The Symposium in Context: Pottery from a Late Archaic House near the Athenian Agora

by Kathleen M. Lynch

Hesperia Supplement 46
400 pp, 24 col and 258 bw figs, 15 tables
8.5" x 11"
Paper, ISBN: 978-0-87661-546-1
Publication Date: Oct 2011
Status: Active

Retail Price $75


This book presents the first well-preserved set of sympotic pottery which served a Late Archaic house in the Athenian Agora. The deposit contains household and fine-ware pottery, nearly all the figured pieces of which are forms associated with communal drinking. Since it comes from a single house, the pottery also reflects purchasing patterns and thematic preferences of the homeowner. The multifaceted approach adopted in this book shows that meaning and use are inherently related, and that through archaeology one can restore a context of use for a class of objects frequently studied in isolation.

Winner of the 2013 James R. Wiseman Book Award given by the Archaeological Institute of America.

About the Author: Kathleen M. Lynch is Associate Professor in the Department of Classics at the University of Cincinnati.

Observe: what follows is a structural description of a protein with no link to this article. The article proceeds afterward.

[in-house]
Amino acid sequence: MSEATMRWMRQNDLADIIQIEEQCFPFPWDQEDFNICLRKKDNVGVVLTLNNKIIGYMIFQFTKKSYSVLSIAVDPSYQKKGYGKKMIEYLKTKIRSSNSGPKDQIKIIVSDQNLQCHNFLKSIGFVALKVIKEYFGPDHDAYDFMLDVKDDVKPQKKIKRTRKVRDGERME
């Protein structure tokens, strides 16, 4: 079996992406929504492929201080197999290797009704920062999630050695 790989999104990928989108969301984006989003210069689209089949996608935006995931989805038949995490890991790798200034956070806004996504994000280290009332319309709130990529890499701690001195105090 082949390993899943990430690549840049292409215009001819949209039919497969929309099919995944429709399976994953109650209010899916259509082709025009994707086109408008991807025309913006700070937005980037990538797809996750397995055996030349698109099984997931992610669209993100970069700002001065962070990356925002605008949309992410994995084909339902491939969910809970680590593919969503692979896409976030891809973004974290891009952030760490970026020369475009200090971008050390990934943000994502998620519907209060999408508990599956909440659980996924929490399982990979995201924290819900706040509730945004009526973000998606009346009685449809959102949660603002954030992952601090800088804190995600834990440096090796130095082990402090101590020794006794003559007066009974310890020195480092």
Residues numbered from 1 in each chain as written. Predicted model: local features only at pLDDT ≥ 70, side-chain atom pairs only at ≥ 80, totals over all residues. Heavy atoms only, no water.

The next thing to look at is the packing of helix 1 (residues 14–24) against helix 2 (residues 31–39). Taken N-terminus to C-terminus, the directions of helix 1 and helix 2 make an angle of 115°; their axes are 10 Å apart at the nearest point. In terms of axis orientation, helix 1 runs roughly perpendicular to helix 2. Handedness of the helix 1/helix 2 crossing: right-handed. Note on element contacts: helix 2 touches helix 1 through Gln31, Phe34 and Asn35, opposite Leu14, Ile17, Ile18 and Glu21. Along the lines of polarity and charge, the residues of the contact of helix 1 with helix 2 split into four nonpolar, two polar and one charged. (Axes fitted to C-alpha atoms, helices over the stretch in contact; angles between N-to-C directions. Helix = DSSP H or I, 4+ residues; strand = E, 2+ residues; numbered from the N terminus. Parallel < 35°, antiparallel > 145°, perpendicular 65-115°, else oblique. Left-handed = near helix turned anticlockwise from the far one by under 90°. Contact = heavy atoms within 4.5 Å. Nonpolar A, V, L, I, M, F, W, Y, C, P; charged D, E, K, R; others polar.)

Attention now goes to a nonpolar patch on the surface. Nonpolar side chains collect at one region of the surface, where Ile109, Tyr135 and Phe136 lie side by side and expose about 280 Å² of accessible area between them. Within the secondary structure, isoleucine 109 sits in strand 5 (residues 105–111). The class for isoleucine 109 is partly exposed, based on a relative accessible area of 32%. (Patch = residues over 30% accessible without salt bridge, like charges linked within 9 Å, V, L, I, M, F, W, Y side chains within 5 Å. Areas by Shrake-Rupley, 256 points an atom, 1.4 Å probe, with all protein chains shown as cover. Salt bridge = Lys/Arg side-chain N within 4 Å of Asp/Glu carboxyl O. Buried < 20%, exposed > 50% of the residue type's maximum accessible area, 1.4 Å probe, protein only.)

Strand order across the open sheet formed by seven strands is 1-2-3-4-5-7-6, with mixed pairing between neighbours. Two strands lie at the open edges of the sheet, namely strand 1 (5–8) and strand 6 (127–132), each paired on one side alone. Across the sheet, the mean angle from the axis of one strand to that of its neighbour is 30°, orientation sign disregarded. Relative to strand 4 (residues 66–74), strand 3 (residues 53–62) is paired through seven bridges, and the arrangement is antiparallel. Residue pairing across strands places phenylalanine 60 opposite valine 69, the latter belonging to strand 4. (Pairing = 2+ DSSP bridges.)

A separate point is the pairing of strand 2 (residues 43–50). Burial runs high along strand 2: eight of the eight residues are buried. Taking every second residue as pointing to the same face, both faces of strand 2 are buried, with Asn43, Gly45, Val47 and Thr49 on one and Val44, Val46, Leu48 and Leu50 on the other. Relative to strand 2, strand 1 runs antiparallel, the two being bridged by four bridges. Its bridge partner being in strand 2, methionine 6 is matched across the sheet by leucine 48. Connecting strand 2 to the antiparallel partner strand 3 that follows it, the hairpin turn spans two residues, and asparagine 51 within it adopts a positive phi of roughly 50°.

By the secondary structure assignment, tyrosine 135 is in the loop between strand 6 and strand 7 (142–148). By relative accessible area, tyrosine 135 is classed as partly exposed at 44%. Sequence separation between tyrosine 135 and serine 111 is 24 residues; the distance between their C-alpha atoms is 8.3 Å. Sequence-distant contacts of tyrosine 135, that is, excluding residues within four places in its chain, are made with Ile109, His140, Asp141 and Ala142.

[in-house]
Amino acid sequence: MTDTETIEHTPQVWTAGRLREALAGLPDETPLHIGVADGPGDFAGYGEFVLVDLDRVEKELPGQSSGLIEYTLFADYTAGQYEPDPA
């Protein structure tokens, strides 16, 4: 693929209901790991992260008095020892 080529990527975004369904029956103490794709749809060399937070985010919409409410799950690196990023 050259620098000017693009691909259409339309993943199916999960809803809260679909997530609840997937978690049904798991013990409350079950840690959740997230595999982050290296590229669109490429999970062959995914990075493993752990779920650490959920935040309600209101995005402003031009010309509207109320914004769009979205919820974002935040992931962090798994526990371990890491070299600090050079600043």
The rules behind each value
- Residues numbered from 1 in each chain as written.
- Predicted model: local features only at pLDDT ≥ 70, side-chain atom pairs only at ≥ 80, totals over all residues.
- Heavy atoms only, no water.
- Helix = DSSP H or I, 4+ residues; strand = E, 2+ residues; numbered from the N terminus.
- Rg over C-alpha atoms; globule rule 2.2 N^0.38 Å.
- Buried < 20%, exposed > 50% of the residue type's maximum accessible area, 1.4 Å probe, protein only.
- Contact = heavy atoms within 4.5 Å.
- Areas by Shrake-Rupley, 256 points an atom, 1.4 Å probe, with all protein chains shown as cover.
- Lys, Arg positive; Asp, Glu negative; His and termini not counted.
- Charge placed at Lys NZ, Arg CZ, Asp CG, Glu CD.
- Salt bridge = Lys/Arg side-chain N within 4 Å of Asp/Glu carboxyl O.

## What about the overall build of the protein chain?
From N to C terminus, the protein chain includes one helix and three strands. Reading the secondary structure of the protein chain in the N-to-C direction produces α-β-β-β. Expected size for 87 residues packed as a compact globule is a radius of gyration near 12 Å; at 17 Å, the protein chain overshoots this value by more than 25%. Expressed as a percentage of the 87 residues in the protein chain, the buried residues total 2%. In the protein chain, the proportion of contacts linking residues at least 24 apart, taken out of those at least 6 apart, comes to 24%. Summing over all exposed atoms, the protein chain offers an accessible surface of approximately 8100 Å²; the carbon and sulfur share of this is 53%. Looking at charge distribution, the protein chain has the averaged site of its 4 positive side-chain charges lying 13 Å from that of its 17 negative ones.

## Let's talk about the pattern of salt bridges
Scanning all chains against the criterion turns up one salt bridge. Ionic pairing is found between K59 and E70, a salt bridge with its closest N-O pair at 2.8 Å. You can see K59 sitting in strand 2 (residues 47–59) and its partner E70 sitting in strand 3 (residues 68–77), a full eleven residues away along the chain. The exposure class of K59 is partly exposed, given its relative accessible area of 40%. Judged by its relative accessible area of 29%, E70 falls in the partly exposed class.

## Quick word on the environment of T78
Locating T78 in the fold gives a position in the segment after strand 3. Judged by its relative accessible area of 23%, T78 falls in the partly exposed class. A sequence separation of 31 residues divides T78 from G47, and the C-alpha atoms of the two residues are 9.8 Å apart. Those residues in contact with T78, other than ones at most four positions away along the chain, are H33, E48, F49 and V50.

"The precision of Lynch's questions and the concreteness of her observations mean that this monograph is far more than an exemplary publication of a single lucky find. It offers perhaps the best available introduction to the study of the basic rituals of the symposion and enables us to penetrate beyond the often ambiguous evidence of iconography or literature to the level of the reality that they reflect." Oswyn Murray, Mouseion 12.2 (2012), pp. 243-246

"This is an exemplary study, a very thorough, painstaking endeavor that enables the interested reader to gain valuable information about the household of an Athenian citizen (and his family) during the turbulent time of the Persian War and a bit beyond. It is a welcome glimpse into an aspect of the ancient Greek past that is often very elusive." Mary B. Moore, BMCR 2012.07.40

"The Symposium in Context is a thorough (and beautifully produced) study with scrupulous attention to detail, notable for its exploration and integration of a significant body of ceramic and some other materials within their archaeological context." Margaret C. Miller, AJA 117.3 (2013)